My hon. Friend is absolutely right. The Leader of the Opposition knows a lot more about Stoke Newington than he knows about Stoke. [Interruption.] That is absolutely true. I am proud that we are getting young people into work up and down the country. I was at an event last night to celebrate the 163,000 kickstarters who we have helped into work. That is our ambition—to help people into good jobs. I am proud to say that I leave office with unemployment at roughly 3.8%; when Labour last left office it was at 8%. That is the difference between them and us.

Q12.   Last night’s “Panorama”, and the joint investigation with The Times newspaper, have exposed yet more evidence of unlawful killings by special forces, this time in Afghanistan. Previously, the Government and the Ministry of Defence were determined to sweep this under the carpet, but those who serve in uniform, and the public they protect, deserve better. These are not vexatious claims from campaigning lawyers; they come from within the armed forces, and from our allies in Australia. Will the Prime Minister commit to an Australia-style independent inquiry, as backed by General Lord Richards? More broadly, has the case not been made again for democratic oversight of special forces? (901109)

It is a long-standing practice, I think accepted on both sides of the House, that we do not comment on special forces. That does not mean that we in any way accept the factual accuracy of the claims to which the hon. Gentleman has alluded; nor does it mean that anybody who serves in Her Majesty’s armed forces is above the law.

I warn other Members that the matter is sub judice—I allowed the question because it was very general, which is the only way I would allow it to be discussed at the moment.

Q10. In the past few years, campaigning and persistence have led to the construction of a new children’s A&E, and this year a new main A&E, for Northampton General Hospital in my constituency. To build on that success, the town now needs an urgent treatment centre. Does the Prime Minister agree that that would be a hugely welcome step in providing top-quality healthcare in Northampton? (901107)

As I mentioned earlier, we are engaged in a massive programme of improvements and building and rebuilding in our NHS estate. With great respect to my hon. Friend, he is going to have to continue to lobby for this decision. The local NHS bodies will have to make up their minds on it, but I am sure he will continue to make lively representations.

Q13.   Last week the Prime Minister was forced to announce his intention to resign after Ministers who supported him only days earlier changed their minds. Of course, people are allowed to change their minds, and this should be recognised. Why do the Prime Minister and his MPs believe that this principle applies everywhere except in Scotland, where the people delivered a clear mandate to the Scottish Parliament to hold an independence referendum? (901110)

As I understand it, the people of the SNP are currently deciding what to do with the right hon. Member for Ross, Skye and Lochaber (Ian Blackford). Heaven forfend that they should change their minds.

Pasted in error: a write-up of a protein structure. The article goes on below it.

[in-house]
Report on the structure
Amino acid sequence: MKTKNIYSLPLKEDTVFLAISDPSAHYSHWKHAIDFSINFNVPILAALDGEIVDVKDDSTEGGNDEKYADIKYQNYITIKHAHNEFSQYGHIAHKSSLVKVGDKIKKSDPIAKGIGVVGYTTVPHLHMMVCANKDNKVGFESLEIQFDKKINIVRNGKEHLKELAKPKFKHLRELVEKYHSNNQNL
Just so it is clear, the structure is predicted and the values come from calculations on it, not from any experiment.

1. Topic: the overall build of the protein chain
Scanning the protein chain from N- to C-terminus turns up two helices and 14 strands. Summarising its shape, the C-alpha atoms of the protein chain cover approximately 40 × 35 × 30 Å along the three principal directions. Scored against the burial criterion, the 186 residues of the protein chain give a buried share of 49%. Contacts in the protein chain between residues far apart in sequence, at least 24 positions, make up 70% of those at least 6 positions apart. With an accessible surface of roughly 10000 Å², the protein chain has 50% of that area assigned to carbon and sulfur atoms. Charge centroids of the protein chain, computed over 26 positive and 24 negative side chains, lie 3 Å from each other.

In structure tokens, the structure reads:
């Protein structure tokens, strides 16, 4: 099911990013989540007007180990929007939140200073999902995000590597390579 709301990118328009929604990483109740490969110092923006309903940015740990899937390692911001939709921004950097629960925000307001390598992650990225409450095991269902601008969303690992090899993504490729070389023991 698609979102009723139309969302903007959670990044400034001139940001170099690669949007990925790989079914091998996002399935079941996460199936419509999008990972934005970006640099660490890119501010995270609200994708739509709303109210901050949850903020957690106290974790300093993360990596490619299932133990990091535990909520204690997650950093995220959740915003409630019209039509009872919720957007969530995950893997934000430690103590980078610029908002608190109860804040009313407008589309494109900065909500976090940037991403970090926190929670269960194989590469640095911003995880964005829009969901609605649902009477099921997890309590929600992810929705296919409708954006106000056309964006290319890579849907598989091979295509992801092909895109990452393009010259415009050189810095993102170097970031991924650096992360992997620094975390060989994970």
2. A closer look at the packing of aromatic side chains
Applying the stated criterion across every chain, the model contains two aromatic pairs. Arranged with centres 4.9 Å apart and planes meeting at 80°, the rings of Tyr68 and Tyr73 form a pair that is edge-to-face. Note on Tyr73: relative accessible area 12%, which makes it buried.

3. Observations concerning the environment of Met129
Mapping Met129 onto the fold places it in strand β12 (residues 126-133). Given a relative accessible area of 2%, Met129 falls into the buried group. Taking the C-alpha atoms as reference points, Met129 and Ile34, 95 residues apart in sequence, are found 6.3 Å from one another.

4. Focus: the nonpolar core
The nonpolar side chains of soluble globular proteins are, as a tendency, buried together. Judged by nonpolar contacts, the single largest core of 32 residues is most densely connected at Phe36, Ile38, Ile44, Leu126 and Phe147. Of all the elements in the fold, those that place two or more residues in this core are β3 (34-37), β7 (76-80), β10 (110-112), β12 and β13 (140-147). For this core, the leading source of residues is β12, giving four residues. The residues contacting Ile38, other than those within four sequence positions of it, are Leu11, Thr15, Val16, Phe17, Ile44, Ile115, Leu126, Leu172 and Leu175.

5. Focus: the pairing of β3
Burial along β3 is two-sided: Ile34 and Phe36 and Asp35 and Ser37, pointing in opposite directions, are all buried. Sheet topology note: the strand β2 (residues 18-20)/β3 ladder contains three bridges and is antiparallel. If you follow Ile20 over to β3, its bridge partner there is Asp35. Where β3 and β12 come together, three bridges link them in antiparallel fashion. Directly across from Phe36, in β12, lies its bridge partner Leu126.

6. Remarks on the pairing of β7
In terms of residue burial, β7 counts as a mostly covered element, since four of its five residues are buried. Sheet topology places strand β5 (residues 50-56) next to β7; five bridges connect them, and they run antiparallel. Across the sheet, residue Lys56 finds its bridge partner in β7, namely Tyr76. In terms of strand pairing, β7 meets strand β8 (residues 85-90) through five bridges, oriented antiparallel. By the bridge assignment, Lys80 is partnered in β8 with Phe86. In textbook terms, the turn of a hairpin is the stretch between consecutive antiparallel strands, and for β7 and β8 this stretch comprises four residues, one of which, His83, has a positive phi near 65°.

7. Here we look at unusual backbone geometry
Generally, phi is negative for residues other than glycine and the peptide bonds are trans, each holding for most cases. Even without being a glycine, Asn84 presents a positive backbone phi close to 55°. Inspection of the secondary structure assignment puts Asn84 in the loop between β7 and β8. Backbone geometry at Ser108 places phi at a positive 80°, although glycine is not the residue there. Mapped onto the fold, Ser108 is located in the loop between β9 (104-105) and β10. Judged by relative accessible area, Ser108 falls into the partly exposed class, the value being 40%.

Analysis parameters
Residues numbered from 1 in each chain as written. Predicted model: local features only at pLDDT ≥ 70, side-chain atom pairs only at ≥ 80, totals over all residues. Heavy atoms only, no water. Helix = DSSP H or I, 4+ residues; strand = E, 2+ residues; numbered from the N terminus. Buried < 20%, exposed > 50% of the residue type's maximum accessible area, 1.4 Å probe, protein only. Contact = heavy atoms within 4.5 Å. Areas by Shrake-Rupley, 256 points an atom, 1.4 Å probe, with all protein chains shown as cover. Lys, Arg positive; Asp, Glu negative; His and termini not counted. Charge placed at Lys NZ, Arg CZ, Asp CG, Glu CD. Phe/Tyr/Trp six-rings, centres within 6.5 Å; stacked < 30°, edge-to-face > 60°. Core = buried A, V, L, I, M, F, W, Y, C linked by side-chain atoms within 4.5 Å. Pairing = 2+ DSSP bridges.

Q14. Forty years ago, 10 young people from Rugby’s West Indian community travelled to a house in New Cross Road, London for a birthday celebration for former Rugby resident Yvonne Ruddock. Tragically, there was a fire at the house where the party was held, and two of the group never returned home; others were traumatised. The fire cost 13 people their lives and has been the subject of two inquests, both of which were inconclusive. Those who survived, and the families of the bereaved, are calling for a further investigation. Does the Prime Minister agree that the appointment of the new Metropolitan Police Commissioner provides an opportunity to re-examine the events of that time? (901111)

I know from my own experience of running the city the anguish that that particular tragedy caused and the deep feeling that surrounds it, and I thank my hon. Friend for raising it. Whatever my own views, this is a matter for the independent Metropolitan Police Service, and I am sure that the new commissioner will consider what he has just said.

Q15. While the Prime Minister was editor of The Spectator, he published a poem about exterminating “The Scotch…a venomous race!” He previously stated that “a pound spent in Croydon is far more of value to the country…than a pound spent in Strathclyde.”He called for an ending of the Barnett formula and stated that an MP from a Scottish constituency should not be Prime Minister. Given his anti-Scottish views and his abject failure as a Prime Minister, why does he think he has the right to try to block a democratic vote for Scotland to choose its future away from this corrupt Westminster? (901112)

May I say to the hon. Gentleman that after three years of listening to this delirium of monotony from the Scottish nationalists, I really think they need to change the record? What the people of this country want is a focus on the cost of living, on the economy, on schools and on standards in schools—those are the things he should fix, and that is to say nothing of the tragedy of drug deaths in Scotland, which the SNP still has not done anything to address. Everything I have seen has taught me that whether it is Ukraine, covid or furlough, there is absolutely no doubt that we are better off working together.